Note: Wikipedia doesn’t appear to have a top 100 list anymore. It’s now just a top 20. However Trading Economics now does. The holdings of each country has not changed too dramatically since 2009. You can see that list here. We can however confirm as of 2019, New Zealand still has zero gold reserves.

It’s a bit of a worry when the Central African Republic of Chad, which the U.N. ‎reports as the 5th poorest nation on the planet, recently had more gold reserves than New Zealand does!‎

Chad may come in at number 101 on the list and only have 0.3 tonnes but that’s 0.3 ‎tonnes more than us!  (Or about $15 Million NZD in Gold reserves more than New Zealand)‎

Just like we believe the average person should have at least a small percentage of their ‎liquid net worth held in gold, we too think the RBNZ would be wise to convert some ‎of its foreign currency reserves into real money. Thereby ensuring a store of value in a time ‎when currencies the world over are being depreciated at ever greater speed.‎

Read more: Why New Zealand Won’t Have Any Say in a Global Currency Reset

Why the RBNZ is Very Unlikely to Buy Gold

However, it’s very unlikely that the New Zealand central bank will buy any gold in the future. Even though so many other central banks have been doing just that since 2009. Why do we think that?

Because back in 2012 a reader forwarded us an email from the RBNZ that said:

Dear Jake

Thank you for your question and apologies for the delay in responding.

The Reserve Bank of New Zealand has not held any gold reserves since 1991.

Our reserves management responsibilities are set out in the Reserve Bank Act of 1989 and our foreign reserve targets are specified by the Minister of Finance. The Reserve Bank is not, at this stage, planning to include gold in our foreign reserve portfolio. The Reserve Bank’s position is that gold does not meet our liquidity requirements.

Kind regards

Raewyn Peters
Knowledge Adviser | Reserve Bank of New Zealand
2 The Terrace, Wellington 6011 | P O Box 2498, Wellington 6140
T. +64 4 472 2029 | F. +64 4 471 3722
www.rbnz.govt.nz

Interesting that gold does not meet the RBNZ’s “liquidity requirements”. Even though gold can be sold at a moments notice and turned into cash. So the odds of a turn around from the Reserve Bank on buying gold looks slim indeed.

So best you prepare yourself and become your own central bank and buy some gold or silver.

Editors note: This post was first published 5 December 2009. Last updated 10 December 2019 with new charts and numbers.

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21 thoughts on “How Much Gold Does the Reserve Bank of New Zealand Have? Updated 2019

  1. danny says:

    It would be interesting to see a table for private gold hold by country.
    Scarey, I have more gold than the NZ Government!

  2. admin says:

    Danny,
    That would be an insightful piece of information alright. The World Gold Council does track Jewellery, Industrial and Investment demand but we are not aware of them itemizing the investment demand per country – probably because they don’t have the complete information in order to do so. As a large part of private investment in gold is in Over-the-Counter transactions, so it is very difficult to accurately measure.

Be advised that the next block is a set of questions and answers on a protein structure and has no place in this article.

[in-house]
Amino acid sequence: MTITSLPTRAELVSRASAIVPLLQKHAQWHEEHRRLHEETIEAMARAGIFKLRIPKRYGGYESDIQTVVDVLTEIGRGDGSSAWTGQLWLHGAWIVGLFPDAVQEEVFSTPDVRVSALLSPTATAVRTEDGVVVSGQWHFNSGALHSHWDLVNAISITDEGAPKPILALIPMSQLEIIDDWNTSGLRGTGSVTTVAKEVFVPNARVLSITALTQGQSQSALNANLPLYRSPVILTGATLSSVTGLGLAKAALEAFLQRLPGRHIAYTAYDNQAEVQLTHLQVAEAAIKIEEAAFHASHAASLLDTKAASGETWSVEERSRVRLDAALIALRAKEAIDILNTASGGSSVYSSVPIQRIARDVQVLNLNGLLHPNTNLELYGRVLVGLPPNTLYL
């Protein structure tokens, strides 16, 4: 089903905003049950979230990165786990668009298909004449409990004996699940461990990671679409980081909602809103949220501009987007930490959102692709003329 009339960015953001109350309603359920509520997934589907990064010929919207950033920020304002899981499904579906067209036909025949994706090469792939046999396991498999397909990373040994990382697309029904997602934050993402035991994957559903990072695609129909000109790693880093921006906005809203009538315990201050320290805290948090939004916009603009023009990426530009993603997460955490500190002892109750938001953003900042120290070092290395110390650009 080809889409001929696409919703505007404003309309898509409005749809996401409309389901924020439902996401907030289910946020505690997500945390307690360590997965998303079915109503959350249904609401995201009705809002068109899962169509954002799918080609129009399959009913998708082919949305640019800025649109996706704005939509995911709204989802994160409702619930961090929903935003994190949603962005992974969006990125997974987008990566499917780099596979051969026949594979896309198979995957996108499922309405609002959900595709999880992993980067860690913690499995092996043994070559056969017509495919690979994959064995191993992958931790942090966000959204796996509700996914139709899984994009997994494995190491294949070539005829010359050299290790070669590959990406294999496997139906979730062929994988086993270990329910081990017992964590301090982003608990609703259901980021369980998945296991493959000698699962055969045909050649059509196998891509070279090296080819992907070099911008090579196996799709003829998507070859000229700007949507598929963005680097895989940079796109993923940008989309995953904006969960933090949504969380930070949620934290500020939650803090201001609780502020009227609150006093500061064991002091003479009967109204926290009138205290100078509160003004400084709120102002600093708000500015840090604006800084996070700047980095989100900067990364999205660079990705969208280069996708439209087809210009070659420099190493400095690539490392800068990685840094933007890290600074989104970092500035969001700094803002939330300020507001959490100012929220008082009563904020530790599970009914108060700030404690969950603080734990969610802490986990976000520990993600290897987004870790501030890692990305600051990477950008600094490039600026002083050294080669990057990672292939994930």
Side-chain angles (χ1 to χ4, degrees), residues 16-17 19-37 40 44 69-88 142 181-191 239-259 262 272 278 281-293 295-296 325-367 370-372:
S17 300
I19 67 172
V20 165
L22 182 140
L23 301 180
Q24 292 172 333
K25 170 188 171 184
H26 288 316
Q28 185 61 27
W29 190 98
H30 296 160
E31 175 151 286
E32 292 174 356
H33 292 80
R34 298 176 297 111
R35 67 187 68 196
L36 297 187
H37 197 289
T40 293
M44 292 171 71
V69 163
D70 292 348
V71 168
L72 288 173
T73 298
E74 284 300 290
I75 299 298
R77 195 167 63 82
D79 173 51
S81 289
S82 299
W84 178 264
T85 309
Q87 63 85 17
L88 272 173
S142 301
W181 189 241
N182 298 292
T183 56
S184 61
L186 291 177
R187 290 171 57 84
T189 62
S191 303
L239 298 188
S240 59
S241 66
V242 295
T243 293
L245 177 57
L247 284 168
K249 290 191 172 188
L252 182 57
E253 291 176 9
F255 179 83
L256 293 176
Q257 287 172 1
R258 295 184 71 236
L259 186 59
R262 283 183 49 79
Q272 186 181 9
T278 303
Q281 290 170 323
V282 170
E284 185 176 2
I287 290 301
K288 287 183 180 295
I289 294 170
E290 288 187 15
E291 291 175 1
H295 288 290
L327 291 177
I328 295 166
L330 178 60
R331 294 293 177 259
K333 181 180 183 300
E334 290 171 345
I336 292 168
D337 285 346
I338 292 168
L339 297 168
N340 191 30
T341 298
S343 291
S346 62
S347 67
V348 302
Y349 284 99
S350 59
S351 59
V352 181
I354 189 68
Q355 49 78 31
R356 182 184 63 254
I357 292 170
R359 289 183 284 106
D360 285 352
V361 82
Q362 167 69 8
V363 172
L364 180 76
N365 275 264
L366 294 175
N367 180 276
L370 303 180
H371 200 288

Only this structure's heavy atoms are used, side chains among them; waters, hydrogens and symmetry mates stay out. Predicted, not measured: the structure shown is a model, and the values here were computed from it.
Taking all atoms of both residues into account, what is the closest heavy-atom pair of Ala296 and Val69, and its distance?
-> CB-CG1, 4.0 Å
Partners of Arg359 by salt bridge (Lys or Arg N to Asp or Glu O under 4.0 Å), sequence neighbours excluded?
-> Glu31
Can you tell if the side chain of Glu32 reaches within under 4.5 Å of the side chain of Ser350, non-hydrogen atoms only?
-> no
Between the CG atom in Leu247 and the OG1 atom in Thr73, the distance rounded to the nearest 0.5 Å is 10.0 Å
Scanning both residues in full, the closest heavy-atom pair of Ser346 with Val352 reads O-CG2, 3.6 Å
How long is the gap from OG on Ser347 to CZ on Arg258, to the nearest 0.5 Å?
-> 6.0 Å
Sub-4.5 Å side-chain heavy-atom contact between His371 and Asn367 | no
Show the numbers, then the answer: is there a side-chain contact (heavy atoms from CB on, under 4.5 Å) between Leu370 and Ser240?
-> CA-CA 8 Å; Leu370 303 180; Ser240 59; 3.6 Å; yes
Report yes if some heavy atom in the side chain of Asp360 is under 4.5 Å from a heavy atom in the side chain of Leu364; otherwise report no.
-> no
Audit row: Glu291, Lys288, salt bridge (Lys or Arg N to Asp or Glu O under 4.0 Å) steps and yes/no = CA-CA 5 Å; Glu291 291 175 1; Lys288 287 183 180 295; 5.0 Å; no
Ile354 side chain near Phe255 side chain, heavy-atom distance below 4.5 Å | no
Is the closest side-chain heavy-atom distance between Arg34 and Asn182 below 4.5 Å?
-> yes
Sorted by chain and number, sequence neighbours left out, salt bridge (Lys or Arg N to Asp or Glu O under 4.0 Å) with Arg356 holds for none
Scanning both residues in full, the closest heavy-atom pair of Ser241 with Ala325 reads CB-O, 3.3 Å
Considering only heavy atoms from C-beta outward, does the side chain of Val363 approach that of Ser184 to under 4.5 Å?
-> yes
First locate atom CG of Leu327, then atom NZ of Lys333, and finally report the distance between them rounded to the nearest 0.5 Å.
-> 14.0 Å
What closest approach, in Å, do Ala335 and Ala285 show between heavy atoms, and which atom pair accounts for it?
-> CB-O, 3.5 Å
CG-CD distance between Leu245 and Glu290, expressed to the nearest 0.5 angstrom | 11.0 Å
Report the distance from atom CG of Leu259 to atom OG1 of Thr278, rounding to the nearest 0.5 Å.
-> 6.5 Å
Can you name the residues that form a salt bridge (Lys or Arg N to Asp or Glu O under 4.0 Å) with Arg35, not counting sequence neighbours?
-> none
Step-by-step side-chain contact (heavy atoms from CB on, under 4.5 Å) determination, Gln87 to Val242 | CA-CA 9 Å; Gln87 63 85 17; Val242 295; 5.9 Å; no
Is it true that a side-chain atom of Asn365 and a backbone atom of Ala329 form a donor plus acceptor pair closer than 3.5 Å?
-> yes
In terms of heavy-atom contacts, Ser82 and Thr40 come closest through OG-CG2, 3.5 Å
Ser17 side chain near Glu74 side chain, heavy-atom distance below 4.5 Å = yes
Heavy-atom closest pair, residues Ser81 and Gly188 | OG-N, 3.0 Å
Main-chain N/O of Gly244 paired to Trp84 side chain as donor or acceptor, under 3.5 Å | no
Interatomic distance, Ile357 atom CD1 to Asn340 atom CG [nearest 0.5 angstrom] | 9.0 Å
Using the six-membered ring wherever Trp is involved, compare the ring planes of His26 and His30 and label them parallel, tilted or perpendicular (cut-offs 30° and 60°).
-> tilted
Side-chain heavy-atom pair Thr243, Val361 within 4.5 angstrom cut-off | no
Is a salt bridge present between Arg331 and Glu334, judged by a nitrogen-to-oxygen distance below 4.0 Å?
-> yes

Although undoubtedly India would be joined by China at the top and New Zealand would be a long way down the list. Also here’s a recent article on how China is about to take over top spot from India as the worlds top Gold consumer…
    http://uk.reuters.com/article/idUKLNE5B801V20091209?rpc=401&feedType=RSS&feedName=stocksNews&rpc=401&sp=true

    Thanks for your comment.

    GSG editors.

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  12. Andrew Sheldon says:

    I’m not a fan of government’s holding gold. I think if you want to hold gold, then we ought to do it ourselves. As far as currencies are concerned, I’d like to see private crypto-currencies underpinned by gold, if not other currencies. I’d not trust the NZ govt to hold it, as it would probably be plundered. How can we believe that Fort Knox still has its gold reserves. The Fed doesn’t publish the holdings, since its private. It leases it too. I’m not an advocate of such counter-party risks. I personally hold gold shares, because I know with gold in the ground, I don’t have to worry about it being stolen, and it offers an income. Its getting to a point where its almost time to buy.

  13. Helena M Jordan says:

    The Reserve Bank of New Zealand is owned by the Rothschild Family, as are the Reserve banks in most other “western countries”, with the exception of Cuba, Nrth Korea and Iran – hence wars in the Middle East. (Good thing perhaps China bought the U.S.Fed Reserve and gold stocks held by J.P.Morgan) Rothschild took control of Iraq and Libya Reserve Banks – the way paved by blood under the umbrella “fight against terrorism”. Rothschild is now after Iran Reserve Bank by way of Syria. IMF and World Bank is controlled by the Rothschild Group – they have put the peoples of Portugal, Spain, Italy (U.K. although they don’t realize it yet) on their knees and now the peoples of Greece are getting up off their knees to say “NO MORE”. The wars in the Middle East are by Rothschild design to cause total disruption in Europe. How long before NATO troops are ordered in to “regain the peace” or better put take over control.
    New Zealand has no gold reserves, Rothschild owns and controls the Reserve Bank and major high street banks. This Elite could put the people of NZ on their knees overnight. Perhaps as soon as 2016.

  14. Glenn says:

    Hi Helena,

    Yes there is a fair bit of evidence backing up what you say.

    It is indeed a case of “following the money” in many of these conflicts to see what the rationale is for most of them.

    Thanks for taking the time to write an insightful comment.

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  17. dean says:

    Gold has to be the most worthless metal ever dreamt about. Asthetic jewelry, a small play in medicine and electronics and conveniently a ‘universal currency’ by horders who monopolise and oversee world curriencies. It is a good thing NZ stays away from gold reserve holdings, as its hit and miss these days whether you have ‘gold’ stock or ‘tungsten’ look-a-like bar… very close atomic weight between these two metals has inspired false gold reserve all over the place … like the load China got as payment from the fed reserve … they was not happy folks … wheres the real stuff going? Well … back to its owners of course – the guys who control the money systems certainly will want to control the ‘universal’ currency as well otherwise owning reserve banks and convential curriencies will mean jack shit … Ive got no gold, but Ive got 112 dollars in the bank … and thats just how I like it.